Only the people involved can decide if age is a problem in their relationship. In all honesty most of the conversations we have with friends, co-workers, family, spouse, or significant others have nothing or very little to do with age perspective topics.
Generally speaking the majority of conversations are about what was on TV last night, weather, traffic, something that happened at work, vacation plans, what you did over the weekend, relationship drama, worries, good news/bad news, or how someone feels.
It's very rare people sit down and say, "Remember when... or Where were you when...?" This probably explains why younger and older co-workers are able to coexist and cultivate friendships. (When we like someone we tend to look more at what we have in common than what are differences are). An older and younger person might enjoy the same types of books, movies, restaurants/foods, hobbies, traveling, going to the beach, skiing and other outdoor activities. Also older people strive to look and feel younger while younger people often desire to prove they are smarter and more mature beyond their years. Personally speaking when I turned 18 I thought I was "grown" and considered myself to be "equal" to the adults.According to the legal system I was an adult and that was enough for me....etc I imagine most 18, 19, 20, and 21 year olds feel the same way.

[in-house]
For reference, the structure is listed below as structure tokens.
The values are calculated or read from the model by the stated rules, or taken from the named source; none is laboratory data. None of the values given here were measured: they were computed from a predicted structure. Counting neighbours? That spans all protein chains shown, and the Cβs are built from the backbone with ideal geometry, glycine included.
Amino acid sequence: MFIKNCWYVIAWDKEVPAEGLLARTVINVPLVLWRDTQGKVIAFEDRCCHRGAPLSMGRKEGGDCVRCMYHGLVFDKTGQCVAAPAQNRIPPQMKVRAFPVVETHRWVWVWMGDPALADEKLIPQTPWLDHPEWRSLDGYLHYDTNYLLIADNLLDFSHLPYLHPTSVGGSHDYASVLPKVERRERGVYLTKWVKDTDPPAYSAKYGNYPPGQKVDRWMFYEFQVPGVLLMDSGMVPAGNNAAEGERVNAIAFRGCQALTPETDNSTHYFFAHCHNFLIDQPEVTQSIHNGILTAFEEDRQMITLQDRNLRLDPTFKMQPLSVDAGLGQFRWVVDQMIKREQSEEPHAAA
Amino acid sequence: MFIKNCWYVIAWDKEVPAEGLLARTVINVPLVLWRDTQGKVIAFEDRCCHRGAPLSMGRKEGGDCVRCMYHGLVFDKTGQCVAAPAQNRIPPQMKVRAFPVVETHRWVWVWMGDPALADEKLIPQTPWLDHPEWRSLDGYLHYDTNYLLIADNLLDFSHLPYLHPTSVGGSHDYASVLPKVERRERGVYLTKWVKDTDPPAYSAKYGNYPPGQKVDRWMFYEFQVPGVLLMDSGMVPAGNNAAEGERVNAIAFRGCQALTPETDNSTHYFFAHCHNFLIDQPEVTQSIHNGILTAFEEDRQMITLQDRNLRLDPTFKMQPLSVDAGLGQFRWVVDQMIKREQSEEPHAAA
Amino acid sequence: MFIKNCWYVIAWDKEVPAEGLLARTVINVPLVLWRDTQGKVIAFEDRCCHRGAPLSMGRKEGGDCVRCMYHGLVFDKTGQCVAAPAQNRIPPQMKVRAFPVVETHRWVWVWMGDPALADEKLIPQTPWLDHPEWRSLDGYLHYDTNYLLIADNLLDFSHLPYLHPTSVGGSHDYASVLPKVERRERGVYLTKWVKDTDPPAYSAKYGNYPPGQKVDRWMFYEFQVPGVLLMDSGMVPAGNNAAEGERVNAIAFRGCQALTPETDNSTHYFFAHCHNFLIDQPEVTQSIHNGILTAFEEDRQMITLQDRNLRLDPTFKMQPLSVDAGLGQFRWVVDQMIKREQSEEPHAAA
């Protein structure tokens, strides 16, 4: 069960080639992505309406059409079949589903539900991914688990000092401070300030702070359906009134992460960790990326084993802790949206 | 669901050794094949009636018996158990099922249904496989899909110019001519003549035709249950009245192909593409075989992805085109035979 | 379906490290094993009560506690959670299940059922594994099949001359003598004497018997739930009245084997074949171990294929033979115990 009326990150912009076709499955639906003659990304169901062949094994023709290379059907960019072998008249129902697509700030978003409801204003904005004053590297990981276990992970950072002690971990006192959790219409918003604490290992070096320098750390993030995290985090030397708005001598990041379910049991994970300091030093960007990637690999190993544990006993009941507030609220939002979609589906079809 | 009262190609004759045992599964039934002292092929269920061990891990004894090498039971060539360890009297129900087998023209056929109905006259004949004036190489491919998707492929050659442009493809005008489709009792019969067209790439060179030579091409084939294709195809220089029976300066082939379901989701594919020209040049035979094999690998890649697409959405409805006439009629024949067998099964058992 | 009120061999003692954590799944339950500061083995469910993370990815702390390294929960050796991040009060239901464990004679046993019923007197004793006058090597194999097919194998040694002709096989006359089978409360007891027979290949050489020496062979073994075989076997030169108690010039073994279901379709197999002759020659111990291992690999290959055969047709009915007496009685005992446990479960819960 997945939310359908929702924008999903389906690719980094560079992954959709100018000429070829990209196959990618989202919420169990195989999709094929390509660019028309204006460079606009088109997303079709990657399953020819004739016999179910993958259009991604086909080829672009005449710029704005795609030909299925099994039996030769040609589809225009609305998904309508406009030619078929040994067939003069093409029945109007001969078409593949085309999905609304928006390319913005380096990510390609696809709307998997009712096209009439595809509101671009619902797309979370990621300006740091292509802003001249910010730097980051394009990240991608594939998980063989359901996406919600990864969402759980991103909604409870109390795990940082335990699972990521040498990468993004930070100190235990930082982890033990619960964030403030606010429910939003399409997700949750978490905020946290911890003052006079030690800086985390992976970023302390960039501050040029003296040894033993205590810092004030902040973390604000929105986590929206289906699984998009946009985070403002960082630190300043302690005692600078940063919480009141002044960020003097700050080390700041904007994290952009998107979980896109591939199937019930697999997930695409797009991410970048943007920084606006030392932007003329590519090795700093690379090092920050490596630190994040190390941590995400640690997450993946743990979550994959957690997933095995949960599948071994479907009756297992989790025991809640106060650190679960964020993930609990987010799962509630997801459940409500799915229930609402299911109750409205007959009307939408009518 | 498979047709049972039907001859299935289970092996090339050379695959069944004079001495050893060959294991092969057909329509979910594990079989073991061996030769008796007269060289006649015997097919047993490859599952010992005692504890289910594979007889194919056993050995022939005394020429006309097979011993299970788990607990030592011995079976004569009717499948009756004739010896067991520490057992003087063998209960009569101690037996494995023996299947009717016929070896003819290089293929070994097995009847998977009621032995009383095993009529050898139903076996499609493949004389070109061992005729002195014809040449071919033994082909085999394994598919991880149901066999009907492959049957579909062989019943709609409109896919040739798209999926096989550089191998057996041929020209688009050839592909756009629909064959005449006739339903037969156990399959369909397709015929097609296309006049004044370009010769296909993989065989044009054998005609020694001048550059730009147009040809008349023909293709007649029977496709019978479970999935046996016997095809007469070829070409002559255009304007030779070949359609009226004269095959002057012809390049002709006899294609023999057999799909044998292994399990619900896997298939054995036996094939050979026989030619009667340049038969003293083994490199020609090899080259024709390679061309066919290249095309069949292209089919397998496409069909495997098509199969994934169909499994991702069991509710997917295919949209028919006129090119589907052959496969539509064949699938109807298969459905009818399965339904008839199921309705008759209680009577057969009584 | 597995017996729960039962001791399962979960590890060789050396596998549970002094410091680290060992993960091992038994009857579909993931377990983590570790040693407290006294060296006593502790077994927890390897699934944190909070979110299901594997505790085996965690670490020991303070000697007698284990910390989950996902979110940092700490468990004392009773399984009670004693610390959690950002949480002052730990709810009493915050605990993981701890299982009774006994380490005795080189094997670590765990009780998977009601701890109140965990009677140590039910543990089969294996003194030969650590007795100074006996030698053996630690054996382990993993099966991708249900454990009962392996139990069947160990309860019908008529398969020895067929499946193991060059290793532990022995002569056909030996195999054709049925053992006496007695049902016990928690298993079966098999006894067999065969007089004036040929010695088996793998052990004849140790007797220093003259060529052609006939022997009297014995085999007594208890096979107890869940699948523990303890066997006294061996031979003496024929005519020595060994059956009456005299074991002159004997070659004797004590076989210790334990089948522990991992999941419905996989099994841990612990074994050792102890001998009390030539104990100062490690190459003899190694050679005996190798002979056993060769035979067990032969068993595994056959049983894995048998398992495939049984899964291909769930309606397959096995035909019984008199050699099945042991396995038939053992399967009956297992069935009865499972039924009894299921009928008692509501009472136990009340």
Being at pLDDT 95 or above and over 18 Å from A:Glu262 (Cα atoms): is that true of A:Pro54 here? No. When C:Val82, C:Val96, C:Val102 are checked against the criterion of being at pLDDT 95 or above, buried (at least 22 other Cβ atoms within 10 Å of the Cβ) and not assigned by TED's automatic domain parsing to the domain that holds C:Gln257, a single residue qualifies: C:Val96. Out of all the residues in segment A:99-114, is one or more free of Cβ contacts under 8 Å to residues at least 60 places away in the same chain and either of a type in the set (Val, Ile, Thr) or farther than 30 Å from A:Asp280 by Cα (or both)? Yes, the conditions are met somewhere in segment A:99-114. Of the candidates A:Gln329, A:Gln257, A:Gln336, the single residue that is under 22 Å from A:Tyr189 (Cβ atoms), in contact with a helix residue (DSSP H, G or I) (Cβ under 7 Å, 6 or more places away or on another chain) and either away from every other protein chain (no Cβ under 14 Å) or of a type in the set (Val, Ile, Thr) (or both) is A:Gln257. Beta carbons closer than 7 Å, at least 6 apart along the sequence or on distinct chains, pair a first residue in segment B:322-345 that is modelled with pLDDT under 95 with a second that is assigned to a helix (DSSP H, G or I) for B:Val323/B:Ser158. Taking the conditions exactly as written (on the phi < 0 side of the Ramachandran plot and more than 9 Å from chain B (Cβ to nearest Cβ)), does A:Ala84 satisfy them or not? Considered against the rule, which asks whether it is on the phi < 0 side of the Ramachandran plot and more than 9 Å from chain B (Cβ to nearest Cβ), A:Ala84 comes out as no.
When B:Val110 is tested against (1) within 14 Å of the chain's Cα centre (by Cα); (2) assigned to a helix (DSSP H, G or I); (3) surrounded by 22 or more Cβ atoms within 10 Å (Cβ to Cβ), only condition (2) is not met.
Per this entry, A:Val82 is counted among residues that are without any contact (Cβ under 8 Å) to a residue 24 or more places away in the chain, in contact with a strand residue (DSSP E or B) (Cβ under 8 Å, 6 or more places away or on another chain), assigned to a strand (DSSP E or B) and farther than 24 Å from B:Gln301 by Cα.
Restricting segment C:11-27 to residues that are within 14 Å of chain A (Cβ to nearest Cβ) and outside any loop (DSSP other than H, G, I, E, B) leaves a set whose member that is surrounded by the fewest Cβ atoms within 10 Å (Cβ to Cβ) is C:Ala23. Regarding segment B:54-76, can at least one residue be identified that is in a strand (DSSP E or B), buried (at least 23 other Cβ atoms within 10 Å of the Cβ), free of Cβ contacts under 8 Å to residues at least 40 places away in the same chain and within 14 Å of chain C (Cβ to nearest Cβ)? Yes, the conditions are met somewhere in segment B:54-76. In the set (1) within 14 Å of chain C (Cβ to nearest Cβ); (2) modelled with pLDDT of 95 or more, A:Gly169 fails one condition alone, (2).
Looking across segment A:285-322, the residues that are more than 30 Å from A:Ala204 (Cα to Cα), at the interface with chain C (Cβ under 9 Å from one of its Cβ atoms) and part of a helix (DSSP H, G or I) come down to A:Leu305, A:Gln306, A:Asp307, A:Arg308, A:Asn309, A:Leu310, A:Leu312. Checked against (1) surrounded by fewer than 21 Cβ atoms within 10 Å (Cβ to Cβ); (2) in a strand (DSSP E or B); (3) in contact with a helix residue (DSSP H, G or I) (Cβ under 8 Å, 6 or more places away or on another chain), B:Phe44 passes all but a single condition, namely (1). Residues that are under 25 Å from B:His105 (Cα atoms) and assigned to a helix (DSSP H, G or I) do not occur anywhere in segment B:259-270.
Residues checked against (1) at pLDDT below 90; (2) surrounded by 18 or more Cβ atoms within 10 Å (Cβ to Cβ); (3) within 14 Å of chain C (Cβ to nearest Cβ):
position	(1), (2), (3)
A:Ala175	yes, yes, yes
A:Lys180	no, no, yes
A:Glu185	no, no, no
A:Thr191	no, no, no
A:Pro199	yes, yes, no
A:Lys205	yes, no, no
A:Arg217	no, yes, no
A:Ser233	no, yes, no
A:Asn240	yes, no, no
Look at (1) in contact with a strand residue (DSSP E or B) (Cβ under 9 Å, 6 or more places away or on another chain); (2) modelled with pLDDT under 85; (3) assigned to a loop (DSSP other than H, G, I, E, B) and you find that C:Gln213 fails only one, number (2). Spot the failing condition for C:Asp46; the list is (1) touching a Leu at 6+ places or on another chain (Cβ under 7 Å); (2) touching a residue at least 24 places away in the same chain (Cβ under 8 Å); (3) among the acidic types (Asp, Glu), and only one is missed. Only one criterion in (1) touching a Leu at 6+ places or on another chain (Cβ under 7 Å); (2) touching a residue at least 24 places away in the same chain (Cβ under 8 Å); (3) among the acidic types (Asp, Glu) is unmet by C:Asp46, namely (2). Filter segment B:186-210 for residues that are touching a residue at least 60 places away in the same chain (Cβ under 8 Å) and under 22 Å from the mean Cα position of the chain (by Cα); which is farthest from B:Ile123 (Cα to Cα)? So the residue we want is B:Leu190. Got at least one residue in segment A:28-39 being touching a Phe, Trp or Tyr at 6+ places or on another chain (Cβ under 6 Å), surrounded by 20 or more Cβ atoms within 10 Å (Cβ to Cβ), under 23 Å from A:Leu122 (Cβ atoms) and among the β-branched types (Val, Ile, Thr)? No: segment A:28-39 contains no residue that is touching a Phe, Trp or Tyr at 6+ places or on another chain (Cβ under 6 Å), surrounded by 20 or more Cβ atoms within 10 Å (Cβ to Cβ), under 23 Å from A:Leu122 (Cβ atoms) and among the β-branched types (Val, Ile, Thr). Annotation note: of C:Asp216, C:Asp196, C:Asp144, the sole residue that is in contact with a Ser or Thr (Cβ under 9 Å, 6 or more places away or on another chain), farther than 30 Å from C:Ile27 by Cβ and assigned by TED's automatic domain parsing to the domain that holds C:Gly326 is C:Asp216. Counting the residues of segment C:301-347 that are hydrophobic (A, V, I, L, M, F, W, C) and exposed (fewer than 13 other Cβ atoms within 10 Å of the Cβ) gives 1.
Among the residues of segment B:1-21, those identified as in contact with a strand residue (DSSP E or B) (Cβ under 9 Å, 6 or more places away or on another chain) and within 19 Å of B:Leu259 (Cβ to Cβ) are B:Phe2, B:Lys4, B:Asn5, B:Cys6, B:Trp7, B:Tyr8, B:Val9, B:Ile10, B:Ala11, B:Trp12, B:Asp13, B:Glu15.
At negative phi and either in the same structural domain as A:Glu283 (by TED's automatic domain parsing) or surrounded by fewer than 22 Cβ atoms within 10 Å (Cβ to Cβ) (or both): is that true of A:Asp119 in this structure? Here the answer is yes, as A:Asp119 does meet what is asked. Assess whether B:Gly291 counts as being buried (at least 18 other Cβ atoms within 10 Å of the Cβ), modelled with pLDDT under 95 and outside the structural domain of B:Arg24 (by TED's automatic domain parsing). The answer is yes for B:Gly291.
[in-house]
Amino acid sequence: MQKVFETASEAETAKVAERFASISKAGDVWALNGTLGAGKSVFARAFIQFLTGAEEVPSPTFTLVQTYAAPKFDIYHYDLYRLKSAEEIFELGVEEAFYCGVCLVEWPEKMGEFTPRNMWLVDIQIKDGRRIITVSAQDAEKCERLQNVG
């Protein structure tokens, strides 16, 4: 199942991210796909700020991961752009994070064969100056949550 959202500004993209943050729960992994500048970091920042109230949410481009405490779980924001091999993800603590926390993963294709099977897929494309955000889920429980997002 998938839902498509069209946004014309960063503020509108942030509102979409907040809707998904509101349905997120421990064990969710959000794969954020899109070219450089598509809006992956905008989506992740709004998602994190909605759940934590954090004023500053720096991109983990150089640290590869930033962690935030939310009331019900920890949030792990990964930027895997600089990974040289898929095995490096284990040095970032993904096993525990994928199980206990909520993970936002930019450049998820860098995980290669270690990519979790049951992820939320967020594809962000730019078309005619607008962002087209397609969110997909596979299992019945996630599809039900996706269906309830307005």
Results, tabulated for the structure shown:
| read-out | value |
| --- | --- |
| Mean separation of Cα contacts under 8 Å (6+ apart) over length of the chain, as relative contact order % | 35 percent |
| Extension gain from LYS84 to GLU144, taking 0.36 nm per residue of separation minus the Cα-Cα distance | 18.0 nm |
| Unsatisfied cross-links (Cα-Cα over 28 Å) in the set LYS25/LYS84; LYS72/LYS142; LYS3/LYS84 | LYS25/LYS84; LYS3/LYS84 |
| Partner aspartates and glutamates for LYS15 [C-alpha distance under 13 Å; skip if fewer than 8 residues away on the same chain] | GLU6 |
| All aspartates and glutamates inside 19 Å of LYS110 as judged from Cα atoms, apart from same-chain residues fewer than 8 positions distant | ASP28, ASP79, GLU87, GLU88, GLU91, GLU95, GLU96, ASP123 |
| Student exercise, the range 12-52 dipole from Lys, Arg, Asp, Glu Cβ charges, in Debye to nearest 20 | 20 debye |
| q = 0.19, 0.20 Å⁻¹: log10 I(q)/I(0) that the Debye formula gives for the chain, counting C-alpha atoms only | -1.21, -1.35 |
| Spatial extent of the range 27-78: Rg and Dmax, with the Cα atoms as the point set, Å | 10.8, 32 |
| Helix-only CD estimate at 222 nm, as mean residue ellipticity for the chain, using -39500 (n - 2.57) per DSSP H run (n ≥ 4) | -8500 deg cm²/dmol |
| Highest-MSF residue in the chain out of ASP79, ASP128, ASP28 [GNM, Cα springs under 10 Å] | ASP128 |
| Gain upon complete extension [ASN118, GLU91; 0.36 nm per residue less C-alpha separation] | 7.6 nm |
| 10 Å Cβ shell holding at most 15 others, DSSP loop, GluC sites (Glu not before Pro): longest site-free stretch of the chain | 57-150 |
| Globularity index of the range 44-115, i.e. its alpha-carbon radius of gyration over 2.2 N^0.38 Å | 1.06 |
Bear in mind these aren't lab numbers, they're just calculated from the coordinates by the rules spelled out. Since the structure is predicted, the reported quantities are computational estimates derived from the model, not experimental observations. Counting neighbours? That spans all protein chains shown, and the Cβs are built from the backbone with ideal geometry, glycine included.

I suspect the major disadvantage to older and younger relationships is the health related ticking time bomb. For much of soicety the older we become the less active we are, the more medications we take, the higher risk of strokes and heart disease...etc A 40 year old with a 20 year old may not have any issues but if they stay together when they become 40 and 60 or 50 and 70 the odds are the younger person will either become a care giver or have to place older person in a nursing home. (Unless he/she is rich like Hugh Hefner, age 84 and datiing 24 year olds). :-)